U.S. traders jittery; markets close lower

NEW YORK — Stocks sank during Friday's shortened session as jittery traders were afraid to commit to any holdings ahead of the weekend amid lingering uncertainty surrounding Europe's debt troubles and North Korea's war threats.

The Dow Jones industrial average fell 95.28, or 0.9 percent, to 11,092. The S&P 500 index was down 8.95, or 0.8 percent, to 1,189.40. The Nasdaq composite index fell 8.56, or 0.3 percent, to 2,534.56.

"Until there's final resolution of both Spain and Portugal investors will continue to be fearful," said John O'Donoghue, co-head of equities at Cowen & Co.

Consolidated volume on the New York Stock Exchange was 1.5 billion, which was just about a third of the usual volume. Trading desks were thinly staffed on the day after Thanksgiving. Falling shares outpaced rising ones by two to one on the New York Stock Exchange. U.S. stock markets closed at 1 p.m. EST Friday instead of the usual 4 p.m. Markets were closed on Thursday for the holiday.

Friday also marked the unofficial start of the holiday shopping season. Black Friday, a crucial event for retailers, was off to a strong start, according to early reports.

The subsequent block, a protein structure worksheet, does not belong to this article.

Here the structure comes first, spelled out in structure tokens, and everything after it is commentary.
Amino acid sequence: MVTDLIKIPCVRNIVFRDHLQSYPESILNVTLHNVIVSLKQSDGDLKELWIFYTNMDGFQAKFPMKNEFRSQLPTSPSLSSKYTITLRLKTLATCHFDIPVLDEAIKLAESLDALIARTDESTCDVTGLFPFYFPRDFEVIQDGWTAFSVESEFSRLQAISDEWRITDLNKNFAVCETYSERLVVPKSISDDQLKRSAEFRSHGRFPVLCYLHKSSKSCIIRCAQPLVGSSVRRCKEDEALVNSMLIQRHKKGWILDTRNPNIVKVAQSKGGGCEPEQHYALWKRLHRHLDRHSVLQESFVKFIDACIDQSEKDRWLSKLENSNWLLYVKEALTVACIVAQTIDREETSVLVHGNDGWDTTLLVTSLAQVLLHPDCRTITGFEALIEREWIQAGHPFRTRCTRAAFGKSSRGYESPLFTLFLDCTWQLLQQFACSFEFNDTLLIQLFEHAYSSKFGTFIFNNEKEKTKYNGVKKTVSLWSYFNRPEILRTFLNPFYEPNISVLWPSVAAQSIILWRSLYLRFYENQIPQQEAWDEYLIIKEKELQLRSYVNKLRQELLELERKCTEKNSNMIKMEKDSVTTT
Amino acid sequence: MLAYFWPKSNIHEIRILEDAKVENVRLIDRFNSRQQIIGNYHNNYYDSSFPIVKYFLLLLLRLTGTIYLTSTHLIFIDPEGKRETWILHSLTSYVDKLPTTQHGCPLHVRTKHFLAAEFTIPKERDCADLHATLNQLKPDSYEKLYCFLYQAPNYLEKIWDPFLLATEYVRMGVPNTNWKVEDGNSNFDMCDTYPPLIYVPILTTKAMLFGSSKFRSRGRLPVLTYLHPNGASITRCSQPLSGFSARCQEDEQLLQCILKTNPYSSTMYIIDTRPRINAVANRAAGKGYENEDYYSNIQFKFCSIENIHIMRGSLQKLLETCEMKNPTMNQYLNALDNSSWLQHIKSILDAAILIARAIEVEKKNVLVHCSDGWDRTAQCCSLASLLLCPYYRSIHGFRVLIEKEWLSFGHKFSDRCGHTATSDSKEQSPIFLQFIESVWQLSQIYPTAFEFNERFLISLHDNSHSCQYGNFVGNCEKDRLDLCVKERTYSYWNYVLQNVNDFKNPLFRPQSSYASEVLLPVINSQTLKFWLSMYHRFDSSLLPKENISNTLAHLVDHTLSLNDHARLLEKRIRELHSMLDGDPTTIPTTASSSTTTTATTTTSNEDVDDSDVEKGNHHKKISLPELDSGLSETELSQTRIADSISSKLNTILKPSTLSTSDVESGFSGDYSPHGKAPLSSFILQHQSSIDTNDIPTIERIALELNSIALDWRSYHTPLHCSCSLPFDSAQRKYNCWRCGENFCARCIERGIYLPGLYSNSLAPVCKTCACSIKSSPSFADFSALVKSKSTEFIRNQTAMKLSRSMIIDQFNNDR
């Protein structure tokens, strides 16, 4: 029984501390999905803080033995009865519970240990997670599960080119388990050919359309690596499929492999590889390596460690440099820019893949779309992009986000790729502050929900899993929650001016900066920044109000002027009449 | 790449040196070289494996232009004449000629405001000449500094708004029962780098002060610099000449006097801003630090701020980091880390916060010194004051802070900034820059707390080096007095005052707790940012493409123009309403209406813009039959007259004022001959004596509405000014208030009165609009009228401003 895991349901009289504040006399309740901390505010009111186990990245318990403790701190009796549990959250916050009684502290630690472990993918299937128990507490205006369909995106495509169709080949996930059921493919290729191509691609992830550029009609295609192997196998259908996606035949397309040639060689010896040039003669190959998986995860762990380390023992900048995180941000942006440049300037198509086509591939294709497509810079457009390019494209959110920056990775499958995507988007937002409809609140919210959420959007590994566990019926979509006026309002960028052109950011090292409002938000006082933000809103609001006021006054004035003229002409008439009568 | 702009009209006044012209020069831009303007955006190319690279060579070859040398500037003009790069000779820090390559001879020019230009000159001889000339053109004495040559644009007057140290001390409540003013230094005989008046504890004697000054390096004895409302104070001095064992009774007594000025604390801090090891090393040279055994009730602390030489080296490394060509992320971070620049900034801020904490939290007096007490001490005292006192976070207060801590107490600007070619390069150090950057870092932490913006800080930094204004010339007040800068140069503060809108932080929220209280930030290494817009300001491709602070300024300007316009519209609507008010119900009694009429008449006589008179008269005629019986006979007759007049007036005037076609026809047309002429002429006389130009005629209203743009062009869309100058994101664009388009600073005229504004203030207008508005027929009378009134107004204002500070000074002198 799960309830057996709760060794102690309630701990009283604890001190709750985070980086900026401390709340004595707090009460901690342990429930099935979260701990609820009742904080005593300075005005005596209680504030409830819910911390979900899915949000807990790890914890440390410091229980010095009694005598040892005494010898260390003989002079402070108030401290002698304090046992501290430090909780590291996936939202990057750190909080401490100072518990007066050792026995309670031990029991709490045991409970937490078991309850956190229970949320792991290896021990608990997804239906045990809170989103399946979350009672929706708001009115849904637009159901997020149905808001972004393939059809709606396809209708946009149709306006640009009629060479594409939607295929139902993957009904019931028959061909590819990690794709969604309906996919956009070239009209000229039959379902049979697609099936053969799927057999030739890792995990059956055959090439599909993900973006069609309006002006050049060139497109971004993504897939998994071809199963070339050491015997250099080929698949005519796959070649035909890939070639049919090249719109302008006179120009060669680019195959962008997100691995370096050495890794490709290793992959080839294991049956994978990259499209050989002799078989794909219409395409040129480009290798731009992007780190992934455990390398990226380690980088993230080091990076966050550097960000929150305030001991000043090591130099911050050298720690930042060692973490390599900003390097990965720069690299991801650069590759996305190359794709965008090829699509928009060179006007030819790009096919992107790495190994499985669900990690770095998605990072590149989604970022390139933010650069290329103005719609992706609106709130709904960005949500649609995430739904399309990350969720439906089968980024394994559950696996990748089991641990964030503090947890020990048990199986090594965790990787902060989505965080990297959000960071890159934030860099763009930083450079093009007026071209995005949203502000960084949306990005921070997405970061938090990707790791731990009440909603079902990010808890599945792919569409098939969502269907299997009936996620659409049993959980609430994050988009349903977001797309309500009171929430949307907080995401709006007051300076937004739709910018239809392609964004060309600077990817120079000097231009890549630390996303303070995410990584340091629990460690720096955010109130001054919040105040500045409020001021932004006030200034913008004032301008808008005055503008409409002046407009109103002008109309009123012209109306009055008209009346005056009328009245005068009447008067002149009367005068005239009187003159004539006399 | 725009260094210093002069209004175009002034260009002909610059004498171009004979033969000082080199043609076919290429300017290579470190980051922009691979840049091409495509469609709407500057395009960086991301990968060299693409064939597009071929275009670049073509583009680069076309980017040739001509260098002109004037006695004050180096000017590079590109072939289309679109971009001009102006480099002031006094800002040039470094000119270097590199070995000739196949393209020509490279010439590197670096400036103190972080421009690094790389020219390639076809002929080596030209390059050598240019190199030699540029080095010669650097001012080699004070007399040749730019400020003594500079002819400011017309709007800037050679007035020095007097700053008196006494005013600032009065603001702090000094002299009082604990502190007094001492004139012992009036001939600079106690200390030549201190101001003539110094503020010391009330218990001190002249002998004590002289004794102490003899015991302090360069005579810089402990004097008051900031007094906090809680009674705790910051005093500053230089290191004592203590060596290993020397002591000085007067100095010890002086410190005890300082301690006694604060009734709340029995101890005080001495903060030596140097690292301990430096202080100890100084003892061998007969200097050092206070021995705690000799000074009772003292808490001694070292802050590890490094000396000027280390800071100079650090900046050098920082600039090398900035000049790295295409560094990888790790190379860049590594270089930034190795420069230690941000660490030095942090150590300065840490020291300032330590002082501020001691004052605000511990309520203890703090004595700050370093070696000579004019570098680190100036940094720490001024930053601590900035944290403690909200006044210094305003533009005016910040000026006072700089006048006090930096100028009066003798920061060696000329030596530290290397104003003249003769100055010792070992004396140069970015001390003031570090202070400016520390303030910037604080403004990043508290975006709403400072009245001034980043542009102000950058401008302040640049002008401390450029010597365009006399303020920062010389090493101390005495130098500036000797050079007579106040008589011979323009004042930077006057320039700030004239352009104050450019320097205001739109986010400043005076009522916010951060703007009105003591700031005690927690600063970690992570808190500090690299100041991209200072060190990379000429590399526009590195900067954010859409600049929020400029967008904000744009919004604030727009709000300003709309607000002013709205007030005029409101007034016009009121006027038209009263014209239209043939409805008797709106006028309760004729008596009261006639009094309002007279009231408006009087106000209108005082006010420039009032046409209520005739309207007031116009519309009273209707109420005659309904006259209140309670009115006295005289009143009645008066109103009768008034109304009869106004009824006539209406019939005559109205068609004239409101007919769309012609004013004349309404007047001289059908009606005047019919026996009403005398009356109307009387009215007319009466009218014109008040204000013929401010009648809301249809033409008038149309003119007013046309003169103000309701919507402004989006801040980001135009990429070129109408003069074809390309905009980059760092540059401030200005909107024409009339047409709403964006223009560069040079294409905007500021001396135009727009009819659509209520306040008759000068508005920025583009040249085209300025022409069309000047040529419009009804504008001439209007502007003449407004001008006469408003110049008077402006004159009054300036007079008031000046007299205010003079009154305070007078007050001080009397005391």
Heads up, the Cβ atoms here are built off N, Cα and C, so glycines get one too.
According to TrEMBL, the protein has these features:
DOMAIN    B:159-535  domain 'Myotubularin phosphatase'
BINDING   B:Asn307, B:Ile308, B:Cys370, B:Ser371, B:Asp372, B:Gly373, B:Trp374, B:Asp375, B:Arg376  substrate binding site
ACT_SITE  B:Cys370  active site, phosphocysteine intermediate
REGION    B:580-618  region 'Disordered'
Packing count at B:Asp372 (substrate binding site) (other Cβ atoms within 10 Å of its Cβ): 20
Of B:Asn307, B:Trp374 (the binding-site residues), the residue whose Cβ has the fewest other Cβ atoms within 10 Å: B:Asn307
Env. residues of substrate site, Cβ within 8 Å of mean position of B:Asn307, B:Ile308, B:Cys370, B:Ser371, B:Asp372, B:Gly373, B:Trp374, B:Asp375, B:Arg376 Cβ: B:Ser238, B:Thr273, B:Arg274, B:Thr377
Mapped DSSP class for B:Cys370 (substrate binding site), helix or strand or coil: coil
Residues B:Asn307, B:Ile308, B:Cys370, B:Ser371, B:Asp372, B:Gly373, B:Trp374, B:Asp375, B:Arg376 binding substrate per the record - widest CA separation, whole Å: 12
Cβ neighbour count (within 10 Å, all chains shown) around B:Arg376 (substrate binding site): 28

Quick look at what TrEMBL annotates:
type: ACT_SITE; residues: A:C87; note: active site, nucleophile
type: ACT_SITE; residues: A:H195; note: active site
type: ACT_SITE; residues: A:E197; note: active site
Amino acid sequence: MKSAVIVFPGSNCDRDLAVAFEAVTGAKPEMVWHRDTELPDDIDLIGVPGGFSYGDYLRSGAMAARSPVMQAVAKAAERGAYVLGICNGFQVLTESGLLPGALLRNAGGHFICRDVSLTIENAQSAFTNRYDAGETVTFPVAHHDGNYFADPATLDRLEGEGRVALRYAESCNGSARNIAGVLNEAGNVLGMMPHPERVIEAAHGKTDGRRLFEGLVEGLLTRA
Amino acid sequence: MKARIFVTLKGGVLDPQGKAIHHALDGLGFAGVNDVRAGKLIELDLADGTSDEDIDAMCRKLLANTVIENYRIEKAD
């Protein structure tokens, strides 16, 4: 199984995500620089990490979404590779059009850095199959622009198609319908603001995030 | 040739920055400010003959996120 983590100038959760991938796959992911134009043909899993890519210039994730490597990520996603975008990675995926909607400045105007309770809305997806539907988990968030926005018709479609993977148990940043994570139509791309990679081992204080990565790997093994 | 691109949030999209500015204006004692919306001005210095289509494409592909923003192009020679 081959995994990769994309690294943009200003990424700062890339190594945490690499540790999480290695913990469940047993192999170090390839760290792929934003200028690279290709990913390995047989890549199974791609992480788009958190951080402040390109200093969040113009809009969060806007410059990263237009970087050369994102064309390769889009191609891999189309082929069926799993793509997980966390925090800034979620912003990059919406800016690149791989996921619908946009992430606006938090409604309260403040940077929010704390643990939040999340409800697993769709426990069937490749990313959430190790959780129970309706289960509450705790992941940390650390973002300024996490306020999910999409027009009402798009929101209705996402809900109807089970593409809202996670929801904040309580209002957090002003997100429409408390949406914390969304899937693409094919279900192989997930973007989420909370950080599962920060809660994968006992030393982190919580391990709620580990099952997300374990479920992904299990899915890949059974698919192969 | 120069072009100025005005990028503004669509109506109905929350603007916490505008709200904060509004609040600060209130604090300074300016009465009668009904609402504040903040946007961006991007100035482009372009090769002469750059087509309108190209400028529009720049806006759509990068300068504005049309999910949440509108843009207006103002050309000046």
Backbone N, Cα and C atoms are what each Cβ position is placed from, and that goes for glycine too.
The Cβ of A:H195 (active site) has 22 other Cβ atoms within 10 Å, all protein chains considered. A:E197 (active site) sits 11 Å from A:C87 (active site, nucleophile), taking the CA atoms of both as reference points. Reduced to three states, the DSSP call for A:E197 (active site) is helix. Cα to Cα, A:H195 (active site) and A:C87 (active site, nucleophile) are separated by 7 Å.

Many stores pushed more exclusive deals online on Thursday in a bid to rope in shoppers before Black Friday. It apparently worked. According to IBM's Coremetrics, online sales soared 33 percent on the holiday compared with Thanksgiving 2009.

Sales during the Thanksgiving weekend made up 12.3 percent of all holiday revenue last year, according to research firm ShopperTrak. Black Friday accounted for half of that.

It was the end of a rollercoaster week. Stocks fell on Tuesday after North Korea's shelling, but surged on Wednesday after a batch of economic reports buoyed hopes that the U.S. economic recovery was gaining strength. The reports showed that Americans' income rose and consumer spending climbed in October. And fewer people filed first-time claims for unemployment benefits last week.

Overall, stocks ended the week mixed. The Dow ended 112 points lower, and the Standard & Poor's 500 index lost 10. However, the technology-heavy Nasdaq composite index gained 17 points for the week.